Making a Difference
in HealthCare for Eastern Virginia
Volume 1: Issue 7
“So I told them the truth: the hours are terrible, the pay is terrible, the conditions are terrible; you’re underappreciated, unsupported, disrespected and frequently physically endangered, but there’s no better job in the world.”
Welcome to the seventh edition of the CVMS Bulletin bringing you updates on the status of healthcare in Eastern Virginia. We hope you find it interesting, informative and enjoyable. Please let us know if there is anything we can do to make it better: email@example.com.
Articles in This Issue:
- Advocacy Alert! Time Sensitive!
- CVMS Status Update
- CDC Updates
- New Drug for Alzheimer's Disease
- Mental Health Care
- Evidence-Based Policies
- Combating Medical Misinformation
- Reading of a Poem by Robert Frost
- List of Healthcare Concerns
- CVMS Event Board
URGENT ADVOCACY ALERT!! TIME SENSITIVE ISSUE!
By Keith Berger, MD
The US House of Representatives is considering health
legislation known as the PATIENT ACT OF 2023 which makes price transparency for
hospitals and healthcare organizations mandatory. Although there is already a presidential order
and now a VA statute governing transparency, the vast majority of hospitals
have either ignored or been non-compliant with the legislation. HR 3561 would allow more effective
enforcement of price transparency.
PLEASE CONTACT YOUR US congressional representative and ask them to co-sponsor
the PATIENT ACT OF 2023.
The success (or
failure) of this bill will greatly affect efforts toward hospital transparency. As physicians of the newly formed Coastal
Virginia Medical Society, this is our first real opportunity as our new
society to make a difference by supporting this legislation as a cohesive
group and asking our elected representative (who is Jennifer Kiggans for most
all of us) to vote pro-healthcare. Below
is the letter I sent to her website. The
easiest way to do this is to click on the RED icon below and it will take you to
Here is the letter:
Dear Congresswoman Kiggans:
I am Dr Keith Berger and I've been in continuous medical practice here in Virginia Beach for the past 42 years. Since I operate an independent, open access endoscopy center, I have 1st hand experience of the impact of hospital consolidation, anticompetitive CON laws and unfair price gouging that hospitals regularly engage in. Transparency would be a great step forward in reinventing healthcare to actually serve the people who pay for it and are impacted by it (that would be nearly everyone!).
1) this is a BIPARTISAN issue, as it concerns everyone. 90% of voters repeatedly surveyed want to know the price of their healthcare up front. As a nurse practitioner, I'm sure you have seen the downside of this.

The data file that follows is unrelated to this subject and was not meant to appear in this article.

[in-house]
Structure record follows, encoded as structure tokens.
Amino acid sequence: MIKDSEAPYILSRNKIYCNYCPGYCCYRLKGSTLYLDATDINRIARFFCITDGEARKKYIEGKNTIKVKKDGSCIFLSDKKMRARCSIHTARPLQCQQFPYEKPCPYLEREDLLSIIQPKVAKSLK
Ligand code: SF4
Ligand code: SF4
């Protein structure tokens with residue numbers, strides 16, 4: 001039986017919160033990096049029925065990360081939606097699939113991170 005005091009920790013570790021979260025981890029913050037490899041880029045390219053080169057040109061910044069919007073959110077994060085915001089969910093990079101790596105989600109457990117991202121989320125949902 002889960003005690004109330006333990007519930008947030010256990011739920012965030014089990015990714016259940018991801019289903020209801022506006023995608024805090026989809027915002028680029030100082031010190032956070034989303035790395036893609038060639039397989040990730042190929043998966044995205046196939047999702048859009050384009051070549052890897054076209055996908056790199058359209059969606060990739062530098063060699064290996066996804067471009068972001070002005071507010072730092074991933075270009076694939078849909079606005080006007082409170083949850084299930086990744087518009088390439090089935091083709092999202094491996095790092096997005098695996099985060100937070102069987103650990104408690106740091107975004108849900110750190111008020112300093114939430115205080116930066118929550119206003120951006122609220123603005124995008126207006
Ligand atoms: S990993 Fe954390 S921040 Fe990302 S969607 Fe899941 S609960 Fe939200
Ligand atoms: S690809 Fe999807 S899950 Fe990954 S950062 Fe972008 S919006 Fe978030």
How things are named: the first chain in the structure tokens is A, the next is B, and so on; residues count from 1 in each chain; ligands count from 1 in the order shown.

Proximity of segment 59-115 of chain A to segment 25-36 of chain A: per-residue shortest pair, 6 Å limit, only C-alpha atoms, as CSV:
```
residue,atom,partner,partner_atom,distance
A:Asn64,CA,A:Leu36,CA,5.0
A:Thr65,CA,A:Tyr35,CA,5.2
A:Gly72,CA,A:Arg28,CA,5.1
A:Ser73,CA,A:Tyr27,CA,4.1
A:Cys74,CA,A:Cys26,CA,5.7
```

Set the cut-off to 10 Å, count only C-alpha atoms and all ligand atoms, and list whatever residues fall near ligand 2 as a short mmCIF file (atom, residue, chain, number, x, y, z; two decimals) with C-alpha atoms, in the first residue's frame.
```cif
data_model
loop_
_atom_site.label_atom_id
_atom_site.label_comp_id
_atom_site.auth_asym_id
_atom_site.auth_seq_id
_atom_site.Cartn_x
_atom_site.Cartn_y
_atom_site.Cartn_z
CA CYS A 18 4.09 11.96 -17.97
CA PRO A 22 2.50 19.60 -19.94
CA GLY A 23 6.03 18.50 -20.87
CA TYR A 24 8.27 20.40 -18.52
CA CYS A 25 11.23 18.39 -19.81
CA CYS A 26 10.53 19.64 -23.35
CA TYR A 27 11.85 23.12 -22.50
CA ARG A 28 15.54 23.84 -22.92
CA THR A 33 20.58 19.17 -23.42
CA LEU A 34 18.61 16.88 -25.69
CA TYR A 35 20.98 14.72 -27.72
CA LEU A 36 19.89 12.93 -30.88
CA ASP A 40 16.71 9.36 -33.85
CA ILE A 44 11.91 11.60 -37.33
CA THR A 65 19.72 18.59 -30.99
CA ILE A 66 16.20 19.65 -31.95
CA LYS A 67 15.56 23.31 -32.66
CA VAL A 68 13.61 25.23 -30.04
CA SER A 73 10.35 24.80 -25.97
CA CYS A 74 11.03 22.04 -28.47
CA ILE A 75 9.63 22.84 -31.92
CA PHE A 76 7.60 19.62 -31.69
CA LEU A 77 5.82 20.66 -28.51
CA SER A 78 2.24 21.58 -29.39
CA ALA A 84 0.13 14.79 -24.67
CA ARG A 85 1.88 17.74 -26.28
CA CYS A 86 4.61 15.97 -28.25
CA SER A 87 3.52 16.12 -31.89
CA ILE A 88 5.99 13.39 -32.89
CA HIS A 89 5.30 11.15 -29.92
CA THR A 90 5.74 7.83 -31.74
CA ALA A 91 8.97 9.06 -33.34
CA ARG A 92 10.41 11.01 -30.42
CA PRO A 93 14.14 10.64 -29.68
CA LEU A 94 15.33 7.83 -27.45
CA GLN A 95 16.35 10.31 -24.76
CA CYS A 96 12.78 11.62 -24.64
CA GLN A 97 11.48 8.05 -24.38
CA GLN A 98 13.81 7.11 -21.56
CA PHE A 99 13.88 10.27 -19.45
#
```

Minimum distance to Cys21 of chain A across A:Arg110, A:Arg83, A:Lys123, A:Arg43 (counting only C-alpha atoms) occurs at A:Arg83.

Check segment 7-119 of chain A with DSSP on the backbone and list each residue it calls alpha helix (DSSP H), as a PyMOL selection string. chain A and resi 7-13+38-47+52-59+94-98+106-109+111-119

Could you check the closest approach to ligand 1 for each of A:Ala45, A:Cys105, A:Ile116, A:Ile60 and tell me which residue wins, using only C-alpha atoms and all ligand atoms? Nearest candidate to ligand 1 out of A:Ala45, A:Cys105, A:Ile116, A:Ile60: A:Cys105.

2) The Bill passed through the Energy and Commerce Committee by a vote of 49 to zero.
3) Opponents of HR 3561 want people to think that this is a partisan issue when clearly it is not.
PLEASE strongly consider co-sponsoring HR 3561. We need the support of legislators like yourself who promised to serve the people who voted for you (I did) and we need to start reforming healthcare NOW.
Members: Please send in your own comment in the RED link below.
You can also become a supporter of POWER TO THE PATIENTS. A non-profit patient advocacy group that has been very active lobbying across the country for price transparency in healthcare.
Dr. K. Berger is a practicing gastroenterologist in Virginia Beach, Delegate to the Medical Society of Virginia, and a CVMS Board Member. Questions or comments: email to firstname.lastname@example.org.
CVMS Status Update
By Greg Warth, MD, Editor
The Board is currently studying the history of the Certificate of Need (CON) laws in Virginia and finding out how other states have been able to eliminate or at least modify them to remove the known unintended consequences and prevent the abuses that have occurred as a result of discovered loopholes.
In addition, we are continuing to advocate for price transparency among all medical institutions and providers so that the free market can discover independently which clinics can provide the most efficient, best quality service at the most affordable price. Currently, patients are paying either directly, or indirectly through insurance premiums, much higher costs for their healthcare than they need to be. This just drives up the overall cost of care for everyone, and lines pockets of middlemen. See article by Dr. Keith Berger above.
CVMS intends to create its own proposals and recommendations on these important issues and others while garnering support from legislators, patients and healthcare providers alike, so the next time they come up in the General Assembly, there may be a different outcome.
We are very pleased to announce that the Honorable Delegate Karen Greenhalgh has joined our Advisory Board, is sympathetic to our cause, and can provide the legislative support that we need to move us closer to our goals.
If you have comments or any new ideas that you believe should be near the top of our long list of advocacy items, please let us know. Send an email to email@example.com or fill out the form on the Contact Us page.
Where is Mental
Health Care Going in Hampton Roads?
By Jerome S.
Blackman, MD, FIPA
Health is not the problem; it’s mental illnesses, especially severe mental